For today's #whatswithWednesday, we're going to talk about why we raise hair sheep, why they're not just ugly goats, and what it means for you. Our flock consists primarily of Katahdin hair sheep, with a few Romanov and Barbado crosses wandering around. Katahdins are an American breed, developed between 1956-1976 in Maine from African hair sheep, crossed with larger wool sheep.
As you can see in this picture of one of our yearling ewes, our sheep grow a thick wool coat in the winter, then shed it out as the weather warms up. Because they're not putting energy in to producing a heavy wool coat all year they gain weight better on pasture, and they're more resilient to things like heat and humidity. Katahdins are also known for being excellent mothers, and being resistant to many parasites, meaning that we can raise healthier animals with fewer interventions and vet visits.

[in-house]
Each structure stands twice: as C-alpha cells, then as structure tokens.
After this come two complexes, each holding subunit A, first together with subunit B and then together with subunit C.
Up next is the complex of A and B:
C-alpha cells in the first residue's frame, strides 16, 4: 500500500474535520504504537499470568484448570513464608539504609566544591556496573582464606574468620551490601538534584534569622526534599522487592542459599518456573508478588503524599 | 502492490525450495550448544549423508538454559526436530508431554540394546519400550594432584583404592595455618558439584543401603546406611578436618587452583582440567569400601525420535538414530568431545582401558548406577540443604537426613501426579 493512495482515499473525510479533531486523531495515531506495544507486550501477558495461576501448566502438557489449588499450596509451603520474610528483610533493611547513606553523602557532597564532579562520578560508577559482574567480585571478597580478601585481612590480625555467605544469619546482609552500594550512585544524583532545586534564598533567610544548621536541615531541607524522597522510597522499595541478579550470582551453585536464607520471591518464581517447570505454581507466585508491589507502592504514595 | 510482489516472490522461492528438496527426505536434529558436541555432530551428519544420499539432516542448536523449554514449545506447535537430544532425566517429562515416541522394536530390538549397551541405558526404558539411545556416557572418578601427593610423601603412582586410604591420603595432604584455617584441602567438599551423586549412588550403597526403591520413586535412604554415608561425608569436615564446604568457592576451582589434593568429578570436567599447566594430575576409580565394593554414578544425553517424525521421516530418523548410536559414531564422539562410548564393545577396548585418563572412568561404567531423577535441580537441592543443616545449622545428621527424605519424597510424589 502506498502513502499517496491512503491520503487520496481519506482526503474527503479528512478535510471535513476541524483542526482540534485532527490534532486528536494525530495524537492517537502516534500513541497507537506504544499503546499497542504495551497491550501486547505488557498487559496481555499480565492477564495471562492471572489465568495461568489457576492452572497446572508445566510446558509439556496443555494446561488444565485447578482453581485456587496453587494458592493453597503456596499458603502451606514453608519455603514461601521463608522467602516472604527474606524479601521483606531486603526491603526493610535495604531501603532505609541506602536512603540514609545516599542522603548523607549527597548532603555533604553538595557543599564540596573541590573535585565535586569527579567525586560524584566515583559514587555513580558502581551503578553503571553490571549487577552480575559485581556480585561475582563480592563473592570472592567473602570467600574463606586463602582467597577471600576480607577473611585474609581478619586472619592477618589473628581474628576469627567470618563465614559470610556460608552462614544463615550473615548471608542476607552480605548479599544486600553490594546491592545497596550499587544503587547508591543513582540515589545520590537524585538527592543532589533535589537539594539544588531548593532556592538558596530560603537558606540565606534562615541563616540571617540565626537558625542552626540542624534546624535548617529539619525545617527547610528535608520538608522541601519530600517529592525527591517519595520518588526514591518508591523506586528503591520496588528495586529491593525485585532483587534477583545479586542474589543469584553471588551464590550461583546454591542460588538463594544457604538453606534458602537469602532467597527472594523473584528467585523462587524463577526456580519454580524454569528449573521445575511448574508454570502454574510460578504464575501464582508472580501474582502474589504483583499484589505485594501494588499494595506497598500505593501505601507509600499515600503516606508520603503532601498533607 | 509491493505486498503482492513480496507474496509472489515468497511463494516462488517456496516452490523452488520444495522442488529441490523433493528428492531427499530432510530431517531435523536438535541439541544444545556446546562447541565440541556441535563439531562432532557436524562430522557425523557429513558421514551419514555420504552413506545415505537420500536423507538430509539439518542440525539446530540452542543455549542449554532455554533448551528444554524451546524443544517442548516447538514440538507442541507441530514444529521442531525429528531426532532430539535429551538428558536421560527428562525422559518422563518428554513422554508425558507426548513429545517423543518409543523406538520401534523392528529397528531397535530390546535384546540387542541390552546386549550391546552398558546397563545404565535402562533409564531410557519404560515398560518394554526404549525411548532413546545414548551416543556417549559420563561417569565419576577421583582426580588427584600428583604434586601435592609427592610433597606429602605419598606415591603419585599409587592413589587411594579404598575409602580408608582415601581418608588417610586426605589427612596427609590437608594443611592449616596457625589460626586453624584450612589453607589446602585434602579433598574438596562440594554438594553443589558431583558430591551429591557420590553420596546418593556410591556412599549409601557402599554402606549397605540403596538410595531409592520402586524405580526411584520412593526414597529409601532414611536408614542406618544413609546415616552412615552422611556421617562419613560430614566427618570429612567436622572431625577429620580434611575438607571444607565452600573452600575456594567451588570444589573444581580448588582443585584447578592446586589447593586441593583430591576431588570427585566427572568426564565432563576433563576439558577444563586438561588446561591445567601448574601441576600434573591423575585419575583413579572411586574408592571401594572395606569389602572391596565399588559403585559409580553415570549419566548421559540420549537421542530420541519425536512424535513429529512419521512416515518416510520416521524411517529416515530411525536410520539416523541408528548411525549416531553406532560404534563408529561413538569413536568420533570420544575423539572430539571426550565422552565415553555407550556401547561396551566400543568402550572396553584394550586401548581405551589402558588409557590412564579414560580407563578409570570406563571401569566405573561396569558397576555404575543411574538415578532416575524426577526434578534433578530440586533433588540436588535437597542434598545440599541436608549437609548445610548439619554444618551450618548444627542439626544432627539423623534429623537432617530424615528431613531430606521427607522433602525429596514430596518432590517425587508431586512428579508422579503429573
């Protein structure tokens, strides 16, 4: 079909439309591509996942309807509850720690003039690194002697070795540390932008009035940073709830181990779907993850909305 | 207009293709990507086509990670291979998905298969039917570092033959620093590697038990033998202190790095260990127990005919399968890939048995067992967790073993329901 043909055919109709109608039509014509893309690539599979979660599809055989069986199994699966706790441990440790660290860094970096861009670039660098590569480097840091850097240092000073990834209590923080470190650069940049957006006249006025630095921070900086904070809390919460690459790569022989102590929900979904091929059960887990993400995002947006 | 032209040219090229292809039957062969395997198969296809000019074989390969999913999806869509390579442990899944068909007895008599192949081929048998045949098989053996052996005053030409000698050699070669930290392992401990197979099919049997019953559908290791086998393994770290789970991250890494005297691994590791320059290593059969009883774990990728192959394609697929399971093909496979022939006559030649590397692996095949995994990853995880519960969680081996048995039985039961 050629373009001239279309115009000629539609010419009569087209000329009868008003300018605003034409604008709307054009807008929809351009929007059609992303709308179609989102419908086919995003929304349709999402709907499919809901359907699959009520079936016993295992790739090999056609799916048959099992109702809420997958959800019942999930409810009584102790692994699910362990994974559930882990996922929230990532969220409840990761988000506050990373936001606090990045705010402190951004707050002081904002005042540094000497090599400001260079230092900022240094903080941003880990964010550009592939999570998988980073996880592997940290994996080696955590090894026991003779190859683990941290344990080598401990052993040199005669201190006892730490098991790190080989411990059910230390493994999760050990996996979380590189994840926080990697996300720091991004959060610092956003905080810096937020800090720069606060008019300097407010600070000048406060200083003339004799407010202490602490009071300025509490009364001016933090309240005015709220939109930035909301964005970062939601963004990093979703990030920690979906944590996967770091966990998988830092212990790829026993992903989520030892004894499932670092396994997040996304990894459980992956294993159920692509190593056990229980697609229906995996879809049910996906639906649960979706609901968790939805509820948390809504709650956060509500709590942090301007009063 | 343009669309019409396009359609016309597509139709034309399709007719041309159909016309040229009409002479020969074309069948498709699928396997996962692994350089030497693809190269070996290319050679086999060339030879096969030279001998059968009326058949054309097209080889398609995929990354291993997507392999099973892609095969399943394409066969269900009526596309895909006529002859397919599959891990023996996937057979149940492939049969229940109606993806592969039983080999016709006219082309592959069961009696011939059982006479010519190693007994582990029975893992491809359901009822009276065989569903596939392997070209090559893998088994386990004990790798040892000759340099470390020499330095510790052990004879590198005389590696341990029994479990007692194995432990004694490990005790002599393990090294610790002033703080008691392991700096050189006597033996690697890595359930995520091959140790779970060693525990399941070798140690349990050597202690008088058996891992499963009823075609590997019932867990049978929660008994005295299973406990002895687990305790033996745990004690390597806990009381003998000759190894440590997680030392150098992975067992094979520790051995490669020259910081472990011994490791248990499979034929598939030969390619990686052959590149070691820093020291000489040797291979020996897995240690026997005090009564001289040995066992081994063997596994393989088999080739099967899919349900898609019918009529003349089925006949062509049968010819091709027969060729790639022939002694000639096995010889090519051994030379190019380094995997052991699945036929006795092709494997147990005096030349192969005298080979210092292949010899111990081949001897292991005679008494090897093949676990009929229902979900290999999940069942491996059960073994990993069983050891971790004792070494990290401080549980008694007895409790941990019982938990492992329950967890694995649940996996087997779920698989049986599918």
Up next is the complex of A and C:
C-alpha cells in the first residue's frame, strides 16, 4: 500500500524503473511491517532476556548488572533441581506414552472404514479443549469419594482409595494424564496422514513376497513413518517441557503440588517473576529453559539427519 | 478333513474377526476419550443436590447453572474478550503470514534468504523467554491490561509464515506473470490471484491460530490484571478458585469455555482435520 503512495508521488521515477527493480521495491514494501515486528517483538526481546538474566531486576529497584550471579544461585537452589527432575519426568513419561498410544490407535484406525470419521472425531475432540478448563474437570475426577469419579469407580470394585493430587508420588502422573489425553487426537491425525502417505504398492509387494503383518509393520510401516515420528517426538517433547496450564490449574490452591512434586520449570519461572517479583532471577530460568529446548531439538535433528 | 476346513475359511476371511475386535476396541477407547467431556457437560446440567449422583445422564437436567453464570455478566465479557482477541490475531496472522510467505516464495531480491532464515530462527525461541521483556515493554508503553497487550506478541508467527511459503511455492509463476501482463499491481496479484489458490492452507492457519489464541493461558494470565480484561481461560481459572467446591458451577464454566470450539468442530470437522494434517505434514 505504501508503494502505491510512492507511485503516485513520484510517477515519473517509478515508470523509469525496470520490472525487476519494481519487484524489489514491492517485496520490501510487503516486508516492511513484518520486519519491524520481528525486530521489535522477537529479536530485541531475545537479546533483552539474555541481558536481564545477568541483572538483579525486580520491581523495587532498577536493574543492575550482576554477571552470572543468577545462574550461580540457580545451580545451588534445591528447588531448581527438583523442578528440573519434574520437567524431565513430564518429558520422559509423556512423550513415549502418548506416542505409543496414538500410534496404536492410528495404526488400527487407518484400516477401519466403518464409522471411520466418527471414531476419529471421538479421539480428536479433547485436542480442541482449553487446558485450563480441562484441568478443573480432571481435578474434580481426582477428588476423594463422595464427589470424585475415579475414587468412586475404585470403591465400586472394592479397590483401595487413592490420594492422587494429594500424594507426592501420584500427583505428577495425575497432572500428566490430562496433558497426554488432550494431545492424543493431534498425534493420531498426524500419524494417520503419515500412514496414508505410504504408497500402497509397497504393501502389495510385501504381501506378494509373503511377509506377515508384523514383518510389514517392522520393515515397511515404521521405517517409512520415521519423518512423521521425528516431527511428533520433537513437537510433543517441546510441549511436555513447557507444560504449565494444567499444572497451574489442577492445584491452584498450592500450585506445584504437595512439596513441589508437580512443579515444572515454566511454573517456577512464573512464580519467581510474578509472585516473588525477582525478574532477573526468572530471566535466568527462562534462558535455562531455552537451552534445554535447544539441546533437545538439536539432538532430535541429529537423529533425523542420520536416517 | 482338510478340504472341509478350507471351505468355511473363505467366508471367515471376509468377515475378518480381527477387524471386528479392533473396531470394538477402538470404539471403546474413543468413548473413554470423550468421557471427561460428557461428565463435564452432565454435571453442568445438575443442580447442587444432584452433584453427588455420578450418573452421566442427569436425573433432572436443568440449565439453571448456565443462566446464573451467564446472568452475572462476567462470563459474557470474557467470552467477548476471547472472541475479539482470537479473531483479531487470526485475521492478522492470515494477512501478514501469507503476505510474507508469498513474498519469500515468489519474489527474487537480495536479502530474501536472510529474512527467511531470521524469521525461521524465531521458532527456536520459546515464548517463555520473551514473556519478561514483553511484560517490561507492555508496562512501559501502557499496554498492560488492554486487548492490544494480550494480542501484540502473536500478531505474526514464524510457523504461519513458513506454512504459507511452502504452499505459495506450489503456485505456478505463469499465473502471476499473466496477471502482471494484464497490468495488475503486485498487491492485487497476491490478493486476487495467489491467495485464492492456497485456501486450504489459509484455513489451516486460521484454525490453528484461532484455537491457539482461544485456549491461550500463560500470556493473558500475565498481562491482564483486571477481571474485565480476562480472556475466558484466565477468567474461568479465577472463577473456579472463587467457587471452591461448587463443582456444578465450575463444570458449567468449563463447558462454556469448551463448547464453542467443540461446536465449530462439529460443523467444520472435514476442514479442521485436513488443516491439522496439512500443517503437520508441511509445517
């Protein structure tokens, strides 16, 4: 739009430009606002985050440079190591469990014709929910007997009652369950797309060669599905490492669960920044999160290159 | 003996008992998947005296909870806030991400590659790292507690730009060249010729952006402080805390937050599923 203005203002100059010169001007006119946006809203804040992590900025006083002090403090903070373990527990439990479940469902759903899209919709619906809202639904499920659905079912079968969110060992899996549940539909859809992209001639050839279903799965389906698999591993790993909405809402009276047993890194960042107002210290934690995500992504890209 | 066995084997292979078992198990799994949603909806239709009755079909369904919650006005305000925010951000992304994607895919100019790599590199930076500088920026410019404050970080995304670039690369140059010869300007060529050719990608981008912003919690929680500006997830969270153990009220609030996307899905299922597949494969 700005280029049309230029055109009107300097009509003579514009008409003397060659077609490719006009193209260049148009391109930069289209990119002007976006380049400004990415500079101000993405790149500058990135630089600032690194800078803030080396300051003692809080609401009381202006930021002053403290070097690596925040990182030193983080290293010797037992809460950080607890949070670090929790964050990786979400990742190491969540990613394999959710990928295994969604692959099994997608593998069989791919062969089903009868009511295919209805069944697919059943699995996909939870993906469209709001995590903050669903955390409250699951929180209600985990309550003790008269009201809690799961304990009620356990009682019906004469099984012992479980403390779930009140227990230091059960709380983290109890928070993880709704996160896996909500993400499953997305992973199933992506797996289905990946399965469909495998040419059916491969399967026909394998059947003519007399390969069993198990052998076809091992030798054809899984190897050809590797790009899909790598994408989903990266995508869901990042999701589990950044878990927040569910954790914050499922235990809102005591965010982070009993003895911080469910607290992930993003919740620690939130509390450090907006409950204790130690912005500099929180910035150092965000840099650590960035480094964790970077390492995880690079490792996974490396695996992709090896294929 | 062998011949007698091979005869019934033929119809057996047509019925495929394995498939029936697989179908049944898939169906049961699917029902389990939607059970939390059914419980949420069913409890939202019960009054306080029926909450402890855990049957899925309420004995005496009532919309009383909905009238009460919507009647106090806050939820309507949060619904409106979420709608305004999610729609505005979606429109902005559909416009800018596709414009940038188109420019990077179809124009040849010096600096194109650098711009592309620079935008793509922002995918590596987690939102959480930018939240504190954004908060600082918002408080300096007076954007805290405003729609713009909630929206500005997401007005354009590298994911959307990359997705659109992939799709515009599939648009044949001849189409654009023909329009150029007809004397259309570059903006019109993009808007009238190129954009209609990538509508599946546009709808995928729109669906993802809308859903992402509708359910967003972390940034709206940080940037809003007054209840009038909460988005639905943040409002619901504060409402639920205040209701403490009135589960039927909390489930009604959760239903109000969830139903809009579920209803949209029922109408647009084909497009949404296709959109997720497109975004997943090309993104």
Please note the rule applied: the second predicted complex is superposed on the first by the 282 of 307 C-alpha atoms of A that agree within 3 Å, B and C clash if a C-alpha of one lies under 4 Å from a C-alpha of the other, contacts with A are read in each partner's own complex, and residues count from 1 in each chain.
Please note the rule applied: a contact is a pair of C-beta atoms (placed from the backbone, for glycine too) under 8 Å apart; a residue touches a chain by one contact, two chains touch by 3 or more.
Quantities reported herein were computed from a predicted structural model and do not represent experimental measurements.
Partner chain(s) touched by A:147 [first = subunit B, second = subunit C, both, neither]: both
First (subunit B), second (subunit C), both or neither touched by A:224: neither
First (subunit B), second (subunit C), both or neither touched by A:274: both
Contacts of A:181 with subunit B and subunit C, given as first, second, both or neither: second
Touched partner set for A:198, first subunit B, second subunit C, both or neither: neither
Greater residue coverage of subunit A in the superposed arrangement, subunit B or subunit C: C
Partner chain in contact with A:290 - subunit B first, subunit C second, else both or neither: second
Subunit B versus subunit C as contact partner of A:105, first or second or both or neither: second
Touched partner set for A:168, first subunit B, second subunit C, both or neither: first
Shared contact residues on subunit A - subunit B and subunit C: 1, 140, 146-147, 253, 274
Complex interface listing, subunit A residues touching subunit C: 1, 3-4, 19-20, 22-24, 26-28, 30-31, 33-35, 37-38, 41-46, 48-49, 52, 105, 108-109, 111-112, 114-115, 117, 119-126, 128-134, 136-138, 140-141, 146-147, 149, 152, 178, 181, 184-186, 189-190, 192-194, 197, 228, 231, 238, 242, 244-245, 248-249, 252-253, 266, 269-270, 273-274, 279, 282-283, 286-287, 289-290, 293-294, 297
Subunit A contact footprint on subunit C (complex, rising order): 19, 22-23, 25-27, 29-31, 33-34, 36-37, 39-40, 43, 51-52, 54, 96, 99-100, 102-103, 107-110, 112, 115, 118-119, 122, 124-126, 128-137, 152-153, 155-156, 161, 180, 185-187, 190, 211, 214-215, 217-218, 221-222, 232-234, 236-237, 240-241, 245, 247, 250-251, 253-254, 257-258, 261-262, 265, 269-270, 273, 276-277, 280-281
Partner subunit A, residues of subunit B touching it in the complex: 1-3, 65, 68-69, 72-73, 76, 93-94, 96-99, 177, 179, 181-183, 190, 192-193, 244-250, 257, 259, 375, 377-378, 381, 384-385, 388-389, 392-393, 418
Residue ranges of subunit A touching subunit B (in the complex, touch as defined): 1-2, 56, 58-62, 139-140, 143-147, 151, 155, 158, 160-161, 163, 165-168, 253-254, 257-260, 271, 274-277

The big difference you will notice is that meat from our sheep doesn't taste like wet sweater, as so much lamb does! That "lamby" flavor comes from the lanolin in wool, but because our sheep don't produce wool, they have a lot less lanolin in their coat. Katahdin meat is prized for being tender and mild.
A little added bonus, we have the nicest wool lined bird nests you can imagine. Our flock tends to rub against the fences to help loosen the wool as they shed in the spring, then little birds take it to put in their nests. You can see the tufts of wool woven in to this nest we found last week as we were out for a walk with the kids.